No fun at all. It's a good movie, but... hell, it got to me. Vampires, werewolves, etc. are all very well, but Matthew Hopkins was real. Michael Reeves's film goes out of its way to ground itself in historical context (the English Civil War, the battle of Naseby, etc.) and so it all becomes distressingly convincing. 1645 might be over 350 years ago, but we still remember the Civil War in England just as the Americans remember theirs.
William Rees-Mogg once wrote in The Times that English people can still be divided into Cavaliers and Roundheads. We know which side we'd have fought on. Personally I've always sided with the Cavaliers, but there's a lot to be said for the 1066 And All That assessment of "Wrong But Romantic" versus "Right But Repulsive". Perhaps I'm more steeped in history than most people, but I couldn't set these events aside as just another nasty movie. Matthew Hopkins was a real witchfinder, paid twenty shillings for every "witch" he killed. People were tortured and murdered by him without any real chance to defend themselves. On reflection I think his official power upset me more than anything else. There will always be bastards, but it's another matter when bastards are given authority by Parliament to torture and kill innocent people on a whim, for profit.
I suppose all this is a compliment to the film. I certainly felt horror when watching it - not just fear, but actual horror. A big part of this was the apparent inevitability. In real life, Matthew Hopkins didn't die for another two years. I won't spoil the ending by saying whether this film breaks with historical accuracy and lets the good guys win, but I certainly assumed it wasn't going to.
Okay, let's put all that aside. Regarding it merely as a work of cinematic fiction, how well does it work?
This Metrodome Special Edition DVD includes both versions of the film: the UK domestic cut and the more explicit version for foreign distribution. Good fact! To my surprise, the extra material (which is of inferior picture quality but good to see anyway) doesn't involve nudity but sadistic violence. Both versions show naked breasts a-plenty, but a fair bit of torture and death was denied to domestic audiences at the time of release. The film's night-time scenes are poorly shot, reducing the cast to black silhouettes against a murky background, but otherwise it looks good. I particularly liked the way in which lovely countryside is contrasted with the bloodshed taking place there.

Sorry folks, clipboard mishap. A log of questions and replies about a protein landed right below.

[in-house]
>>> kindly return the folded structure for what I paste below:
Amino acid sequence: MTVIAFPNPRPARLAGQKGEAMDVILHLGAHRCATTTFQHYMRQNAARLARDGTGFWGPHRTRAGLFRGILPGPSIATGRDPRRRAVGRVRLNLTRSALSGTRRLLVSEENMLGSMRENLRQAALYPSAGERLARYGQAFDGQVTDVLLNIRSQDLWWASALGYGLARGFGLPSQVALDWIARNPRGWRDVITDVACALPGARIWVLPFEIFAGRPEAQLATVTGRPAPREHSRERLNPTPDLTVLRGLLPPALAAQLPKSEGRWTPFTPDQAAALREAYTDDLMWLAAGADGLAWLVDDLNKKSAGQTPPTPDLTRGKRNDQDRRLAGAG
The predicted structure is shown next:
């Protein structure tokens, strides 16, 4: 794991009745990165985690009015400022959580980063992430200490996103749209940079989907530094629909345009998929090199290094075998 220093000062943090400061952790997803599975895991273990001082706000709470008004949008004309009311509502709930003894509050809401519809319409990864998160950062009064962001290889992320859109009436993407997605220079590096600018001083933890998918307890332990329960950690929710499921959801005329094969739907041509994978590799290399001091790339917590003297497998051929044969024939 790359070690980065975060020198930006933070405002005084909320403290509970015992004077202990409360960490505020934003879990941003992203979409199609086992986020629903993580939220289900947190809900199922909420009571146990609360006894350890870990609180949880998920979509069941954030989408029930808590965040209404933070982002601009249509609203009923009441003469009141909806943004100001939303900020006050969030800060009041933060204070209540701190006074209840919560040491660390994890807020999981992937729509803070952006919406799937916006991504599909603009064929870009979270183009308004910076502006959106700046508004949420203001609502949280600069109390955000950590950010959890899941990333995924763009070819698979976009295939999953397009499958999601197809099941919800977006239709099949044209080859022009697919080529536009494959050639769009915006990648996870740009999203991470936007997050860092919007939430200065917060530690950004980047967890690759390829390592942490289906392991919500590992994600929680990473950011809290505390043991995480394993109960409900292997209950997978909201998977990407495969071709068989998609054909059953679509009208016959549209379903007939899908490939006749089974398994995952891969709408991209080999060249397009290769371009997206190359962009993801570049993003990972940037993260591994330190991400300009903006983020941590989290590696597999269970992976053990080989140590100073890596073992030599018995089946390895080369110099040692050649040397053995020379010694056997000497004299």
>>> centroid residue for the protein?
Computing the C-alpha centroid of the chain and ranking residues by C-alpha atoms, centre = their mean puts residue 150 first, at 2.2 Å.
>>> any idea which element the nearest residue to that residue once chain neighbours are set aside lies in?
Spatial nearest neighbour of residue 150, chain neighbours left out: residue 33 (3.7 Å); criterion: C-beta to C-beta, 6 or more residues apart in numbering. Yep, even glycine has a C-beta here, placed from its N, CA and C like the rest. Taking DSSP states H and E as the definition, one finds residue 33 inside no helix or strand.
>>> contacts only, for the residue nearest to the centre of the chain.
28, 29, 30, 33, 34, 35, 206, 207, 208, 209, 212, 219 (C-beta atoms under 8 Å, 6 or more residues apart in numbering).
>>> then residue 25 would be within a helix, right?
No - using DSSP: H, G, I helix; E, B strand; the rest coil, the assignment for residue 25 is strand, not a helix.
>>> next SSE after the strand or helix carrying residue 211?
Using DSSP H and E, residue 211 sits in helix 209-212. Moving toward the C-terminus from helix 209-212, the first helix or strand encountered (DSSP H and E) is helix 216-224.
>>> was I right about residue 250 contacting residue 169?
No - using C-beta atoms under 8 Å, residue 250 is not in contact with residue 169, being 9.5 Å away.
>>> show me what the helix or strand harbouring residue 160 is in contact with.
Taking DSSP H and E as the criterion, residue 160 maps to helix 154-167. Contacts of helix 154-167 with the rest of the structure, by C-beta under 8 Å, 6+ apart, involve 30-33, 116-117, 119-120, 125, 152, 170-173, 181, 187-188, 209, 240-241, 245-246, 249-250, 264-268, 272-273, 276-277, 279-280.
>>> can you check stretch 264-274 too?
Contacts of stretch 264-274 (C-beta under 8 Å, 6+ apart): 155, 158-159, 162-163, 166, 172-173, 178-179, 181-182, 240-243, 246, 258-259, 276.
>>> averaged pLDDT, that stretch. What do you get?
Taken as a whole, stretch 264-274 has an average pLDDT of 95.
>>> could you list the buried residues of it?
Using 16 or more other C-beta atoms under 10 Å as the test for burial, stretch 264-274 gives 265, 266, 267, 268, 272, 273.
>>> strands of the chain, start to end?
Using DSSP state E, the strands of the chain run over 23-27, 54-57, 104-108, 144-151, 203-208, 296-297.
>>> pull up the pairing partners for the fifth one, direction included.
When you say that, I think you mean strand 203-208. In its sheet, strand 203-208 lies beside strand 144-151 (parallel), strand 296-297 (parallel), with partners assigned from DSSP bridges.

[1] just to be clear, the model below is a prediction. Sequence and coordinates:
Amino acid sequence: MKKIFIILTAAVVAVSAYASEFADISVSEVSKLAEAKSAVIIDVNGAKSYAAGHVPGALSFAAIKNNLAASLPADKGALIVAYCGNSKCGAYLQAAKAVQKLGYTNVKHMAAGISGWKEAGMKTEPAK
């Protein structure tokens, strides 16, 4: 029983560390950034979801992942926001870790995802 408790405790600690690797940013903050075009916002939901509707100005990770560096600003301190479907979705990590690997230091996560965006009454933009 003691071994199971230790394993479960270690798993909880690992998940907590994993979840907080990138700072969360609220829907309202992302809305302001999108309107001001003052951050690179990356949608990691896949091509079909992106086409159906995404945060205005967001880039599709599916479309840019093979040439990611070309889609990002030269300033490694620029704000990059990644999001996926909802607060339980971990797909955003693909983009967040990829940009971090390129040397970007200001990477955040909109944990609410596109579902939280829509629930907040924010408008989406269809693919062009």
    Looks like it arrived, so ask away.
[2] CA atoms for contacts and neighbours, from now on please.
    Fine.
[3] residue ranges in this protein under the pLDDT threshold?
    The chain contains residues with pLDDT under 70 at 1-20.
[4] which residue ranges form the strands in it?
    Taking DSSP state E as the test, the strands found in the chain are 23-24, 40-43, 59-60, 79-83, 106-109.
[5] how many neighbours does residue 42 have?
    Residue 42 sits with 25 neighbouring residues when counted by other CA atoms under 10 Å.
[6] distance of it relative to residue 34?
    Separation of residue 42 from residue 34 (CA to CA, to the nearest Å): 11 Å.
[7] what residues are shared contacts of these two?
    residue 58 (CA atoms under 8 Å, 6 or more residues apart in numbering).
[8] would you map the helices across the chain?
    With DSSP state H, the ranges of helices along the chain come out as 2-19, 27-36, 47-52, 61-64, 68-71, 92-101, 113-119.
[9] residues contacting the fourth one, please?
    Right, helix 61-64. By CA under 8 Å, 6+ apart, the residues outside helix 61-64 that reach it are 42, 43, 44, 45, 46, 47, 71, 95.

Matthew Hopkins is obviously the central character. His first dialogue scene establishes him as a devout, God-fearing Puritan... and then the rest of the film undercuts this by showing him to be a self-serving dirty old man who hardly cares about guilt or innocence so long as he gets to kill people. His methods involve doublethink that would make him either the biggest idiot in Christendom or just plain evil. You could hypothesise all day about what's going on inside his head, but whatever it is ain't pleasant. Vincent Price plays it deadly straight, rarely lapsing into his usual purring persona. His English accent comes courtesy of California but sheer screen presence lets him get away with it. He's Vincent Price! A half-baked central performance would have wrecked this film, but Price is never less than compelling. Apparently the director Michael Reeves wanted Donald Pleasence to play Hopkins, but the American distributor and co-financier demanded Price.
A surprise was waiting for me in the credits. Apparently this film was co-written by Michael Reeves and Tom Baker! Unfortunately this wasn't the Tom Baker of time-travelling fame, so Doctor Who fans will have to make do with watching Tony Selby and Bernard Kay. Carry On fans might be interested to note that two of the girls at the inn appeared in that movie series: Margaret Nolan and Sally Douglas. Though I confess that when they appeared I wasn't watching their faces.
I don't know if I could exactly recommend this film. It's a powerful piece of cinema, but don't expect a good time watching it. Also known as Edgar Allan Poe's The Conqueror Worm, but that's a poem and this film is primarily based on a novel by Ronald Bassett. But if anyone's interested, apparently the real Matthew Hopkins was forced to take one of his own tests in 1647. He was bound and thrown into a river, floated and was sentenced to death accordingly.